Forest low angle view

“Nothing endures but change.” – Heraclitus

I am handed this beautifully framed quote upon my resignation from my first job. The senior manager who gives it to me is one I respect and admire and as I read the quote, I know it is one of great import.

I read it and I feel the bitter sweetness of this moment.

I read it and I internally rail against its message.

I read it and I know, this is something I will strive to master throughout my life.

“Nothing endures but change.”

Crap. I do not want to change jobs. I have loved my job and do not want to go into the unknown.

But, I must.

I am anchored in my first company by my doe-eyed innocence when upon meeting its President I say, “Oh you graduated from Clark too, but that was the year I was born.”

I am anchored by my inexperience and in order to grow, I must leave.

I must move on.

It is time.

But I don’t want to go after receiving the attention of my bosses and coworkers with the parties, gifts and recognition of my achievements. I want nothing more than to remain.

But it is time. I must go.

“Nothing endures but change.”

Life is about change.

The seasons teach us – elegantly and beautifully, especially this season here in the northeast, of autumn. Summer becomes fall as the days grow shorter, the sun weaker, and the plants less hearty. It is elegant and inevitable.

The seasons teach us that everything changes.

Yet, we humans don’t accept the lesson easily.

Change is uncomfortable. Change is different. Change is hard.

Change may come from within as our own desires:

  • I want a new job.
  • I want a new experience.
  • I want a new home.

Or it may come from outside as external influences:

  • Our work status changes.
  • Our children grow up.
  • Our body says it’s time to retire.

Change may be sought from within or it may be unwelcome from without.

In either case, change comes upon us and we must deal with it.

For me, change has been central to my work for many years. The quote, given to me at the tender age of 28, impacts me to eventually shift from finance into consulting. Consulting always involves change. The work demands it.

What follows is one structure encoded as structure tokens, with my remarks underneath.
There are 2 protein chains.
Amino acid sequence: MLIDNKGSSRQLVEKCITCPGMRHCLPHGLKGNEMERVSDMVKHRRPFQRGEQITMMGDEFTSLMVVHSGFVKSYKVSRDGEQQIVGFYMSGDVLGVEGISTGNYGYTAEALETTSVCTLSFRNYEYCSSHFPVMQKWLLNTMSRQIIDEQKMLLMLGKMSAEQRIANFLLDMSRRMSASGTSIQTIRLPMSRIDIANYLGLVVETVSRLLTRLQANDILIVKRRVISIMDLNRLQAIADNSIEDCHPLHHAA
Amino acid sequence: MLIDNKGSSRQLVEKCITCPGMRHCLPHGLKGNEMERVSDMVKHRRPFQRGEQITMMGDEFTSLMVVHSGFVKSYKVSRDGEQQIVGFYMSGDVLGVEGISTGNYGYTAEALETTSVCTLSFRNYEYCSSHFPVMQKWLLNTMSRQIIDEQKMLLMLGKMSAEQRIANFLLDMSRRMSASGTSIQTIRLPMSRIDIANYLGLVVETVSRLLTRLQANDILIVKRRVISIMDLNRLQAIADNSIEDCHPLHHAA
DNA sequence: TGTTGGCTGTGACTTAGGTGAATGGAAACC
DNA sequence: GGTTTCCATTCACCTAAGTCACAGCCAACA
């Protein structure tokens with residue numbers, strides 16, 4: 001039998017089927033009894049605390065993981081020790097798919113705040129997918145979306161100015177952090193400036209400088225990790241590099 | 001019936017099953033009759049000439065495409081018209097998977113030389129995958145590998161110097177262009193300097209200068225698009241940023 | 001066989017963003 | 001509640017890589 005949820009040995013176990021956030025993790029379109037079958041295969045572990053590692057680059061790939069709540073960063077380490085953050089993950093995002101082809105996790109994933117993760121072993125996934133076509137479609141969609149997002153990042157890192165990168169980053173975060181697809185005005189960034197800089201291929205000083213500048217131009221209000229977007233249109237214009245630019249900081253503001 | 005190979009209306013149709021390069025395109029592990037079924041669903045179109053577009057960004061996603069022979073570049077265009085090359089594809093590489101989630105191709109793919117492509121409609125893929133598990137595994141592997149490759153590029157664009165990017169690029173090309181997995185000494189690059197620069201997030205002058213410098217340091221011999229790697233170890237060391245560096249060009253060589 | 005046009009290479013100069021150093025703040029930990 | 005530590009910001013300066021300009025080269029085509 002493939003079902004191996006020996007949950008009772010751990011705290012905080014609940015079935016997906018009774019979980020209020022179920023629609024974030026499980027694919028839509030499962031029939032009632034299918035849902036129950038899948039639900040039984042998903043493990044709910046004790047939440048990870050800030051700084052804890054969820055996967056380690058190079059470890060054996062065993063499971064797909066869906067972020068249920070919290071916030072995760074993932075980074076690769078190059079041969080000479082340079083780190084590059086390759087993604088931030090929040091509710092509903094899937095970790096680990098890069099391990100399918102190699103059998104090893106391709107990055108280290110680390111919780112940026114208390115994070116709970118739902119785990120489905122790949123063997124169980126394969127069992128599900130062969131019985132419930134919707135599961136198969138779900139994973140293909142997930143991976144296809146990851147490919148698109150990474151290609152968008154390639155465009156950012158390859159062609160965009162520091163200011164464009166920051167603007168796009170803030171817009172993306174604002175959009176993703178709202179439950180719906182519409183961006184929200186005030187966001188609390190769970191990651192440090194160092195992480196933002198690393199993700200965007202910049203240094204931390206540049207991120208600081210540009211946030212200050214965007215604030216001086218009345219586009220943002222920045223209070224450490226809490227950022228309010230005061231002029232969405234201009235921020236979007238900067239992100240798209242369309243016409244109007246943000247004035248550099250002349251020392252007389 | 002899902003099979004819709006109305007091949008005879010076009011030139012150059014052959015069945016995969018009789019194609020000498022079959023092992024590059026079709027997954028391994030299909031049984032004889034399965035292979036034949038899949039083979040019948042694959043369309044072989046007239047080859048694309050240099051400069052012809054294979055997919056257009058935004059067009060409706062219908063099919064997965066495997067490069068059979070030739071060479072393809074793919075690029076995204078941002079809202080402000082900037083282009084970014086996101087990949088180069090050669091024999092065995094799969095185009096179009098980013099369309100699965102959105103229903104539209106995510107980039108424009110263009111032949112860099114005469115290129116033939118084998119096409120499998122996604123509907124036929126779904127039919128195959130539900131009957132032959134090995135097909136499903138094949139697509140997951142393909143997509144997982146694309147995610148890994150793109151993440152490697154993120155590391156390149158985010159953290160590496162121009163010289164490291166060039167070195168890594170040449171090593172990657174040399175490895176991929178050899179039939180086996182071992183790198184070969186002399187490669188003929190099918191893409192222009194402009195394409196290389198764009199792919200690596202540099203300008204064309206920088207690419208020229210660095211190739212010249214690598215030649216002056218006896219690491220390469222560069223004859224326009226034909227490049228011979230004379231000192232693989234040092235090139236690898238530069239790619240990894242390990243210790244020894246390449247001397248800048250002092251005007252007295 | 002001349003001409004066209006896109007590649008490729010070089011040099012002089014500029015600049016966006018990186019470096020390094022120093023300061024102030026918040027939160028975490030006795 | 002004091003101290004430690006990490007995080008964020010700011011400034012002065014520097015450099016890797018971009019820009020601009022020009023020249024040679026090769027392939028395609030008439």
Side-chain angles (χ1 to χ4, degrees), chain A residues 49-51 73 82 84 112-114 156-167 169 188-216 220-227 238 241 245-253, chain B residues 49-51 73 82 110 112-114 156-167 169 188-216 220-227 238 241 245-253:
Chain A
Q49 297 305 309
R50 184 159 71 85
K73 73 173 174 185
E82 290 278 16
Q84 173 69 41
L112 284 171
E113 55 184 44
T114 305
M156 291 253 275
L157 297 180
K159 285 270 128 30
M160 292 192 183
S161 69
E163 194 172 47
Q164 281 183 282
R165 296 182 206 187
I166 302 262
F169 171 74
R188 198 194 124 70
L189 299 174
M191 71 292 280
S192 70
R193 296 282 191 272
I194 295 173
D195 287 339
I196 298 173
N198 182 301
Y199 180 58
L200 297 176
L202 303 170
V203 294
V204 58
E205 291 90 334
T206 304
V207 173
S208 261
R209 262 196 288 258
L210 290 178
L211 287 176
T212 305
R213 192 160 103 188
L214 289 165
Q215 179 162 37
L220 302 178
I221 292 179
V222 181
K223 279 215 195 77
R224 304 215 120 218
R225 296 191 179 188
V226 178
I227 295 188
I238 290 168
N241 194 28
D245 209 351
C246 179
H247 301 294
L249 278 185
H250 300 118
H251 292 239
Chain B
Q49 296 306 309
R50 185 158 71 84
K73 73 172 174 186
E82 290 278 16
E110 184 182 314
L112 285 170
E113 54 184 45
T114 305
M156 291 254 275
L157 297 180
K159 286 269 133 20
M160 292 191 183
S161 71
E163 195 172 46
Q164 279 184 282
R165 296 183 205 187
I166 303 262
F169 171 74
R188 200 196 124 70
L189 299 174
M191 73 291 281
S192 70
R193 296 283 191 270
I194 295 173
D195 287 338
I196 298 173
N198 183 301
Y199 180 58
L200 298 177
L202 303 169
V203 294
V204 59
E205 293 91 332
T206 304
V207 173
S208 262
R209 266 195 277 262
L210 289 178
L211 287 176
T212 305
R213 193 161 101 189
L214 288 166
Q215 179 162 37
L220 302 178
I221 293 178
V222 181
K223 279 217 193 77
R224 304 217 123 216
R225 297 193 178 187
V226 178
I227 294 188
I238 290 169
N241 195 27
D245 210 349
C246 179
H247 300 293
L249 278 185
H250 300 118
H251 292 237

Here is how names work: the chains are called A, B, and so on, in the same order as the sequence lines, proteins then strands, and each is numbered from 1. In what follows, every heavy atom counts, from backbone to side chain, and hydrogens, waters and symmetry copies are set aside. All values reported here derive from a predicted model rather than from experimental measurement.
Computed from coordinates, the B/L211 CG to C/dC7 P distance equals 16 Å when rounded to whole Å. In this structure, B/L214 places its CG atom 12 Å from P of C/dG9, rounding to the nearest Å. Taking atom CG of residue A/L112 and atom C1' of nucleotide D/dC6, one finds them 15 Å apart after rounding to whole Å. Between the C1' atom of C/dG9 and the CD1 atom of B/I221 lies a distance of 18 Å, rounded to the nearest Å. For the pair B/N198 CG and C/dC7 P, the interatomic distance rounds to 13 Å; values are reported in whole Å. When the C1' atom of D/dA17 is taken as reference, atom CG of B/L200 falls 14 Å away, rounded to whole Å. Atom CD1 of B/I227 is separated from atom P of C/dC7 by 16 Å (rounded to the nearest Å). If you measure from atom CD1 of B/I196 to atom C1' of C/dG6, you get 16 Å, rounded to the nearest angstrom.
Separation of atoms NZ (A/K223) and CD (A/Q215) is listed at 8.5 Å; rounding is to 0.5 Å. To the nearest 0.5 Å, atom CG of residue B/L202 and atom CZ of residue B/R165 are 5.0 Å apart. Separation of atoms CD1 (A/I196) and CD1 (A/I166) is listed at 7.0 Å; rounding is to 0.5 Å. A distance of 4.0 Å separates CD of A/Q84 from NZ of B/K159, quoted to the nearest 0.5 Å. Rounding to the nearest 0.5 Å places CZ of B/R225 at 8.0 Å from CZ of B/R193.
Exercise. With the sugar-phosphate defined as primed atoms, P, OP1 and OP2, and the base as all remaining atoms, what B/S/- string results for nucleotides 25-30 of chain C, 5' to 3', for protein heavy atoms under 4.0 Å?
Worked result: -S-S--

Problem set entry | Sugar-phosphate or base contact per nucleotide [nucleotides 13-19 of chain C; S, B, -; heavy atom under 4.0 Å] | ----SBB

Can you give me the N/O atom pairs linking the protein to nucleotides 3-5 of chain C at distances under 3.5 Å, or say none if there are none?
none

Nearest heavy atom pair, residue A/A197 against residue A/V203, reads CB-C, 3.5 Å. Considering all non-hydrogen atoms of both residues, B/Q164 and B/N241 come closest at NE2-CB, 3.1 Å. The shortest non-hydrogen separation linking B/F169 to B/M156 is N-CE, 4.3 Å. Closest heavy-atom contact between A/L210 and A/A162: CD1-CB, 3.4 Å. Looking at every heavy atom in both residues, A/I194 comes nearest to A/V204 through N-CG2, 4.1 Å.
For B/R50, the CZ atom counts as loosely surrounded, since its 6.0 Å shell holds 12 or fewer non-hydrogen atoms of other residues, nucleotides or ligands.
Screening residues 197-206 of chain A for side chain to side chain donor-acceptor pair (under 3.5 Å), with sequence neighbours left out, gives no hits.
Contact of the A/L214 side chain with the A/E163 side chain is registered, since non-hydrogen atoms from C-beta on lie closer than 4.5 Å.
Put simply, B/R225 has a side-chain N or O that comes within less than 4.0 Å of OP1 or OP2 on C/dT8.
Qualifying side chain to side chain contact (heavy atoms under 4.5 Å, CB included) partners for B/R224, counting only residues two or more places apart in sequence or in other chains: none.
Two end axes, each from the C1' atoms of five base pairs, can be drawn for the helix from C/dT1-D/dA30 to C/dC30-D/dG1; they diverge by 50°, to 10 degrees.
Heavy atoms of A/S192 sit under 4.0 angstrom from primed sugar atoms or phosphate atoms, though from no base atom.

So I think I achieved, if not mastery, than at least reaching and accepting the inevitability of change.

Forget career, life expects change.

Parenting requires an incredible ability to ride the wave of change with the growth and development of our children. There is always something new, something different, or something unfamiliar.

My mantra has become, “I have no idea what is around the corner. I only know 12, 13 or 14 years old.” Now, I have graduated to 15 years old.

After that, I have no idea.

So change?

I got it.

Yup. I’m on it.

Am I though? Am I really?

I have earnestly pursued my fourth career of author, following those of finance, strategic consulting, and mother.

As I shift from strategic consulting to writing children’s books, I think the change significant enough to carry me through at least a decade.

Turns out, I am wrong.

Change pushes at me again.

It whispers, “You must do something more.”

A desire to do something different to change people’s lives does not go away.

Change gets louder, “You must get back into consulting.”

But wait, what? I just shifted away from consulting toward writing.

Yet, the desire becomes a yearning. I yearn to offer some way to help people in their personal lives.

But, how?

The push starts in earnest, but without any clarity. So, I decide, if I am to get back into consulting, I want make the most impact. I concentrate on business as I have 20+ years experience. It’s what I know, it’s what I am good at, and it’s where I am comfortable.

Change gets even louder, “You must change your consulting from business to individuals.”

Wait a minute. I just become a writer about a second ago and as I continue that, I would like to rely on something I know, something I am familiar, something I can easily do.

Change shouts at the top of its lungs, “Change your focus. Take on a holistic view. Rely on your intuitive methods.”

Crap. When change shouts at the top of its lungs, it is very difficult to ignore.

So here I am.

Check out my new work at:

I am going to continue with this monthly blog, to write books on family and children and now apparently, to consult in a holistic way.

“Nothing endures by change.”

Here we go.

As always, wishing you joy,